Helpers wrong target for employment fears

THERE have been lots of stories in the papers about the issues raised by labour unions, legislators and concerned individuals on unemployment and overseas labourers.

They all tend to blame - or use as scapegoats - foreign workers, particularly Filipino domestic workers, as the reason why local workers are unemployed or under-employed.

This letter is an attempt to explain the conditions of Filipino domestic workers in the territory, which those mentioned above did not bother looking into before blaming them for local problems.

One example is the closure of the Mitsukoshi department store in Tsim Sha Tsui due to the tripling of its rent by the building's owners.

Instead of blaming the owners for the decision which cost the sales staff their jobs, they blamed Filipino workers employed in other stores for the sacked workers being unable to get other employment.

Most Filipino domestic helpers working in shops, restaurants and even factories are forced to work there by their employers, in league with Hong Kong-based recruitment agencies, while at the same time doing housework in their employers' flats.

They are forced to sign a sort of side agreement, besides the traditional employment contract, specifically stating the additional and illegal work required of them.

The Government's issuance of the New Conditions of Stay (NCS) in 1987 aggravated domestic helpers' problems. It states that both the employer and employee can terminate their contract earlier than stipulated.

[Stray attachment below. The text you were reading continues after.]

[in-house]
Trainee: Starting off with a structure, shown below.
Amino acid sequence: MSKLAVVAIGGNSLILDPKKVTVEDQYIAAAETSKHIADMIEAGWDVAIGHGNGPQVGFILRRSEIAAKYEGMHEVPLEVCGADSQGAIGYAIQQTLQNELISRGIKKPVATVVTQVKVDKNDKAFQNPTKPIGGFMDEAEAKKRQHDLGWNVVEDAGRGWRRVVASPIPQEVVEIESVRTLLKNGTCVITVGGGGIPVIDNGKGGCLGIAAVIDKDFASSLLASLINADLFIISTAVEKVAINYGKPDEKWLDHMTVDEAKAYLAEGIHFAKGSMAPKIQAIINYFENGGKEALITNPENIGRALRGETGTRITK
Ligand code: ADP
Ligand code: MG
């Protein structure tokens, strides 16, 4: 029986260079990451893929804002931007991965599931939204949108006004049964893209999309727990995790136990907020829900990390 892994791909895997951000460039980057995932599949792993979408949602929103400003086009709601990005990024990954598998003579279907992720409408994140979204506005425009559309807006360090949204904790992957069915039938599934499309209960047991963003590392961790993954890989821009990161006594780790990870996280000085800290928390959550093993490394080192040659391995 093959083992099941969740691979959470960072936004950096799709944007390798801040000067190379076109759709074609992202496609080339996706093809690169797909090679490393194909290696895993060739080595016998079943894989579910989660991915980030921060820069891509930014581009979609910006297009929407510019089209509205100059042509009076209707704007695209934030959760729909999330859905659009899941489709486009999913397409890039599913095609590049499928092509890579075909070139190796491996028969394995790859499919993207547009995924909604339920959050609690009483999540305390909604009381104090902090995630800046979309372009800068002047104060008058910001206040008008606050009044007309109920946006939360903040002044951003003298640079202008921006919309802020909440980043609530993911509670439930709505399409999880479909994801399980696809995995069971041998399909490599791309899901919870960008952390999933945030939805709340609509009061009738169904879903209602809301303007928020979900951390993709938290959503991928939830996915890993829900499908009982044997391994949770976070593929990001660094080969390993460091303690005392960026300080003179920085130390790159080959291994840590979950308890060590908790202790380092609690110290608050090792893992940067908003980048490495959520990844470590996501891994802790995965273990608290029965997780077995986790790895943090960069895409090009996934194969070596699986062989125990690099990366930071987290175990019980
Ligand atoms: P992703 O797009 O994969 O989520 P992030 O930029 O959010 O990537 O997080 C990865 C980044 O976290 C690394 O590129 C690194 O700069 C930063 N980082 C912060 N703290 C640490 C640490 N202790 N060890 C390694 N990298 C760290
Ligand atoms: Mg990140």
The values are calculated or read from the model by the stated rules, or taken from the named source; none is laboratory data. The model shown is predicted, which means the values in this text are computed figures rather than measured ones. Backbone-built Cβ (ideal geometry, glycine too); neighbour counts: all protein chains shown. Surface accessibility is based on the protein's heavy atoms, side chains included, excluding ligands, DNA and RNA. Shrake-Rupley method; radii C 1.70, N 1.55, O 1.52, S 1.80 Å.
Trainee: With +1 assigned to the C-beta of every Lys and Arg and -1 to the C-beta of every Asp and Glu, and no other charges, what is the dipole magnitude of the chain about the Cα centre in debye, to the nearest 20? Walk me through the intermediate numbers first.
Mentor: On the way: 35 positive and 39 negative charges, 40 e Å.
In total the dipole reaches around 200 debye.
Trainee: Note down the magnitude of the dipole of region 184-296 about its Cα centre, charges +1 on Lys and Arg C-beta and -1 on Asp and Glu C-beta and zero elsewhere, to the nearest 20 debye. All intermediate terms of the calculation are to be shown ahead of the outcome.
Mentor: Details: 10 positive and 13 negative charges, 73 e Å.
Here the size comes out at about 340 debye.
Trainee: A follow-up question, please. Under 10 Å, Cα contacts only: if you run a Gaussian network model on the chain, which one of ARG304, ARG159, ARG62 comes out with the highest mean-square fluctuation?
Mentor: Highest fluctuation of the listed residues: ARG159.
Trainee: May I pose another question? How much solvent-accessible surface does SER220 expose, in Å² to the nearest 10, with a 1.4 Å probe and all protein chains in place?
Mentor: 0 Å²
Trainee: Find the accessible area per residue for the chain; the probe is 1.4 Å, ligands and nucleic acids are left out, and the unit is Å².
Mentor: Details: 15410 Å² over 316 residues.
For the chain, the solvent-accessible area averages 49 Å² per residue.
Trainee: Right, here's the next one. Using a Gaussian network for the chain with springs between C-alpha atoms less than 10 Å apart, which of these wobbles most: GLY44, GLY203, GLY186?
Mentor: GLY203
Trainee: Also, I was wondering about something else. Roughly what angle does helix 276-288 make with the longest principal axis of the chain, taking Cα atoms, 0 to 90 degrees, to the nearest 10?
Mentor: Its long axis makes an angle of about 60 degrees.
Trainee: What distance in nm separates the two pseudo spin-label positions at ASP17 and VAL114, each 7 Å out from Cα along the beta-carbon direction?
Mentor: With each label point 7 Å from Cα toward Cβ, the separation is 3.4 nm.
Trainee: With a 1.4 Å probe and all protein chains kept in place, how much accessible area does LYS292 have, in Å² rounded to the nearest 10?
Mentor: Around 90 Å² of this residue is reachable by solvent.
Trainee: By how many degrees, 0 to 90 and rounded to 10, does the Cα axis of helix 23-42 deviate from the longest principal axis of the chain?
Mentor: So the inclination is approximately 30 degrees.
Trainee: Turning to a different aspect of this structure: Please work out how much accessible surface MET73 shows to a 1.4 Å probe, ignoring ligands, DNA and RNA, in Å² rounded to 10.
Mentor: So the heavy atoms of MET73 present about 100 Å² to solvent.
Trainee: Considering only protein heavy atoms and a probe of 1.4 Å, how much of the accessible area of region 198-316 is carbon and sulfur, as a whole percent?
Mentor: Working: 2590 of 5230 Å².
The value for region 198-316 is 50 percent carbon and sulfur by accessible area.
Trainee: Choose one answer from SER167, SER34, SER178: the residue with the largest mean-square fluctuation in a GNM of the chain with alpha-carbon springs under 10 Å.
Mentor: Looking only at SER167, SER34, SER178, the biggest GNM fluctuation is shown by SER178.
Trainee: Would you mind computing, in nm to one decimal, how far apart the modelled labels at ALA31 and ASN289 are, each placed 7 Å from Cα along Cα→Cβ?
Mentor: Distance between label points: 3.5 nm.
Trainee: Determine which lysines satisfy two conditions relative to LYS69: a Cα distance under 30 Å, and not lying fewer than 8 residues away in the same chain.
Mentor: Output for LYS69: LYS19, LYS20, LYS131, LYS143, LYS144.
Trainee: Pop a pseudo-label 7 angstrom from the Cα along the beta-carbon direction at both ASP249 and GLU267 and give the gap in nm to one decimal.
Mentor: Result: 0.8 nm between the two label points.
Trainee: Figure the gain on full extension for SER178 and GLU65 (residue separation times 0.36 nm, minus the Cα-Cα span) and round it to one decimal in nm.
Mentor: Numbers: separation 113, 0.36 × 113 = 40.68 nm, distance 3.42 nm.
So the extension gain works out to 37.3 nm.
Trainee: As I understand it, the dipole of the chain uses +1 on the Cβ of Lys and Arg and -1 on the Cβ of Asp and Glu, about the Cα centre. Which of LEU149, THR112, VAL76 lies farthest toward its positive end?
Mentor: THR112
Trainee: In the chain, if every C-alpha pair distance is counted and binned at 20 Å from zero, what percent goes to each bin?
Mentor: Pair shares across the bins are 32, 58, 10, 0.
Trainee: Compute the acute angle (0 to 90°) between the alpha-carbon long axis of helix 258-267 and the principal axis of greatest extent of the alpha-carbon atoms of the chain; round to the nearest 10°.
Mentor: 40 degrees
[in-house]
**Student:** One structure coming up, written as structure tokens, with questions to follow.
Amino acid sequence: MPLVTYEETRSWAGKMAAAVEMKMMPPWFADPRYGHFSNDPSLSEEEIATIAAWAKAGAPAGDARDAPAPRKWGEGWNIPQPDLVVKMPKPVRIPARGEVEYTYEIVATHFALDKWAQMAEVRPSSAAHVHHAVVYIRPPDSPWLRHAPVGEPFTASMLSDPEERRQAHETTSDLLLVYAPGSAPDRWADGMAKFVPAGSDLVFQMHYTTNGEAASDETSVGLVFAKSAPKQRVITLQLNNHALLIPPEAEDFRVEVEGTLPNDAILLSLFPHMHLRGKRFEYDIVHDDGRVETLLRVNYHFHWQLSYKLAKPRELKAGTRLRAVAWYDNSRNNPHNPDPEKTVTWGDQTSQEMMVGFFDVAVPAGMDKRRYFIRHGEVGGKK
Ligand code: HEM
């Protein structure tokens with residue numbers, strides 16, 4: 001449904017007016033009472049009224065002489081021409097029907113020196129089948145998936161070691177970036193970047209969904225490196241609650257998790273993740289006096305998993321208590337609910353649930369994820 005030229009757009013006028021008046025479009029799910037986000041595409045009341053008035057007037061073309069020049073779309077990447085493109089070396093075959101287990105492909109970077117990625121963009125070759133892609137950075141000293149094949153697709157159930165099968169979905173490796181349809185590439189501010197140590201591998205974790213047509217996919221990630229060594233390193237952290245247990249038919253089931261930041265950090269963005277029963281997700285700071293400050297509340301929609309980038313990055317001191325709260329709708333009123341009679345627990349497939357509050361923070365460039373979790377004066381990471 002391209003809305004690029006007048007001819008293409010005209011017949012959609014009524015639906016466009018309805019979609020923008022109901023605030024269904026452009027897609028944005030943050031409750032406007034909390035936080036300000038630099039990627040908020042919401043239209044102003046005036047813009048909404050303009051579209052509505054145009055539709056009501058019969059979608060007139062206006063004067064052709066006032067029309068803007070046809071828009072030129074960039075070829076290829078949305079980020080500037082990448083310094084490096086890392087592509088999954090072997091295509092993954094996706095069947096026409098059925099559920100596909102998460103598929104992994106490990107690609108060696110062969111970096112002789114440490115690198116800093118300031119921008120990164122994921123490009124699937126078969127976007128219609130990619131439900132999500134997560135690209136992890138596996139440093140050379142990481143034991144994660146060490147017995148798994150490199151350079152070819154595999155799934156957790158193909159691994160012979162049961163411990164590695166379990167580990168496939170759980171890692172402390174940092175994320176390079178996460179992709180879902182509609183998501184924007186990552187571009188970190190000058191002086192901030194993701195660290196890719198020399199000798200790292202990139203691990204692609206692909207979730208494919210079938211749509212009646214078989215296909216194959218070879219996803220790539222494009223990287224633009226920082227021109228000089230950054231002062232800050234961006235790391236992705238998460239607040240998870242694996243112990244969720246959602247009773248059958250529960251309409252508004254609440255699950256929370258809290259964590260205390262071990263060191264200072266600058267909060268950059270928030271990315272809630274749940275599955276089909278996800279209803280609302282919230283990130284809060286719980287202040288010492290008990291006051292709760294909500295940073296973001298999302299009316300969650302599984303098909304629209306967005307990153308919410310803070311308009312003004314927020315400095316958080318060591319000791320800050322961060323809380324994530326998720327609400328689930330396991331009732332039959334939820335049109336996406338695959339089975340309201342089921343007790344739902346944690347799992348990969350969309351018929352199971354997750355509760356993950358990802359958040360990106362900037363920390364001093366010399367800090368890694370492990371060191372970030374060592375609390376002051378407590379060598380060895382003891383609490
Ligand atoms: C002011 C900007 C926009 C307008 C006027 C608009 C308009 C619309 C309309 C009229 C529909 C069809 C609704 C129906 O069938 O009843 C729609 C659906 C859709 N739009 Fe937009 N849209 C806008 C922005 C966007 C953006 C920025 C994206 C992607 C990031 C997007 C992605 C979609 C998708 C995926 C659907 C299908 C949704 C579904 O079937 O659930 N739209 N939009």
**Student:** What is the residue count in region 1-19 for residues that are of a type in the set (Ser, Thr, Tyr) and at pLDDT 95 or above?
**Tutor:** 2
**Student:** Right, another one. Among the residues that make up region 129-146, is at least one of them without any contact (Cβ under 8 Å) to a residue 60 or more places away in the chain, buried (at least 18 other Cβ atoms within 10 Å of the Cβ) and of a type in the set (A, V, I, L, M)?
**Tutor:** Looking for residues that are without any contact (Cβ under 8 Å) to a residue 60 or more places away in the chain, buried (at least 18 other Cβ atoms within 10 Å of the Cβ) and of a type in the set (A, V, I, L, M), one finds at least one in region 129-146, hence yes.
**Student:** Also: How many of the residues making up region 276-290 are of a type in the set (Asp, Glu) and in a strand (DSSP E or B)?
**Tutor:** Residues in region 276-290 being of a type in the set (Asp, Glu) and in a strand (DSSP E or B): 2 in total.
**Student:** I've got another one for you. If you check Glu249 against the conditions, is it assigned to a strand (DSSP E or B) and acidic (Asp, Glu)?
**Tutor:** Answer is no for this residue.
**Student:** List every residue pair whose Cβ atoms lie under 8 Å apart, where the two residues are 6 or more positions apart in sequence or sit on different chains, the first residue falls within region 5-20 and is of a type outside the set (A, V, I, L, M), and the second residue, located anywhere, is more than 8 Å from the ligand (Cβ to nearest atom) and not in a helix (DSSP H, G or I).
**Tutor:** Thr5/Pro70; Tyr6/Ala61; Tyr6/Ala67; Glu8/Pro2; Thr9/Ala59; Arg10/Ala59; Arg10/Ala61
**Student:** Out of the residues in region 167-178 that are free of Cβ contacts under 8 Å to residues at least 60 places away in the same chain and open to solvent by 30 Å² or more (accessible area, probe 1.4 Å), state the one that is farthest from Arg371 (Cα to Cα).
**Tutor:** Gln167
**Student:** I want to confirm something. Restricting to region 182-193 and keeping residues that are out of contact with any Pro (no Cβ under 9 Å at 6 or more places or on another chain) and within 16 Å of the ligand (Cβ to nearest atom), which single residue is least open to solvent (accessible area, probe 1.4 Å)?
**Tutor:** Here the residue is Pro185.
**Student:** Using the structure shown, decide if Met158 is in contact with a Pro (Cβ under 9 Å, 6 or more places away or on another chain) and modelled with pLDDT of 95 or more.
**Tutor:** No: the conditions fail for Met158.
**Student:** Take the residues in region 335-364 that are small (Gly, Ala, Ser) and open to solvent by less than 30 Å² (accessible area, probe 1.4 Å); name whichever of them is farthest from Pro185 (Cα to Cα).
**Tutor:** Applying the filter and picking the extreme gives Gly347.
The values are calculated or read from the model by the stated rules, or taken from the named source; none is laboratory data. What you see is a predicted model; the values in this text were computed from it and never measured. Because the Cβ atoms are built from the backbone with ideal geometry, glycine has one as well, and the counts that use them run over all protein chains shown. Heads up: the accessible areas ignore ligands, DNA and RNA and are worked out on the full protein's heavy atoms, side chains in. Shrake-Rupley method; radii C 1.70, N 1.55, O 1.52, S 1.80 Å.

While it sounds fair, in fact domestics are at a disadvantage. Since 1987, more than 20,000 have had their contracts terminated by their employers.

From records collected by the Mission for Filipino Migrant Workers, most contracts were terminated within the first three months of work. There is even one documented case of a domestic whose contract was terminated on the day she arrived because her employers did not like her face.

With regard to the proposal from the Federation of Trade Unions (FTU) to seize the ID cards of maids once their contract is terminated, why pick on the most vulnerable sector? Isn't this a form of discrimination? The FTU should seriously take into consideration that domestic employees are workers just like them. In the first place, the proposal is unnecessary. Employers could easily verify through the Immigration Department whether the worker has a valid permit or not.

The unions and certain legislators are barking up the wrong tree. Instead of putting the blame on domestic helpers - who are in a disadvantaged position - there should be laws and regulations to protect both migrant workers as well as local workers.

AURELIO ESTRADA Asia Pacific Mission for Migrant Filipinos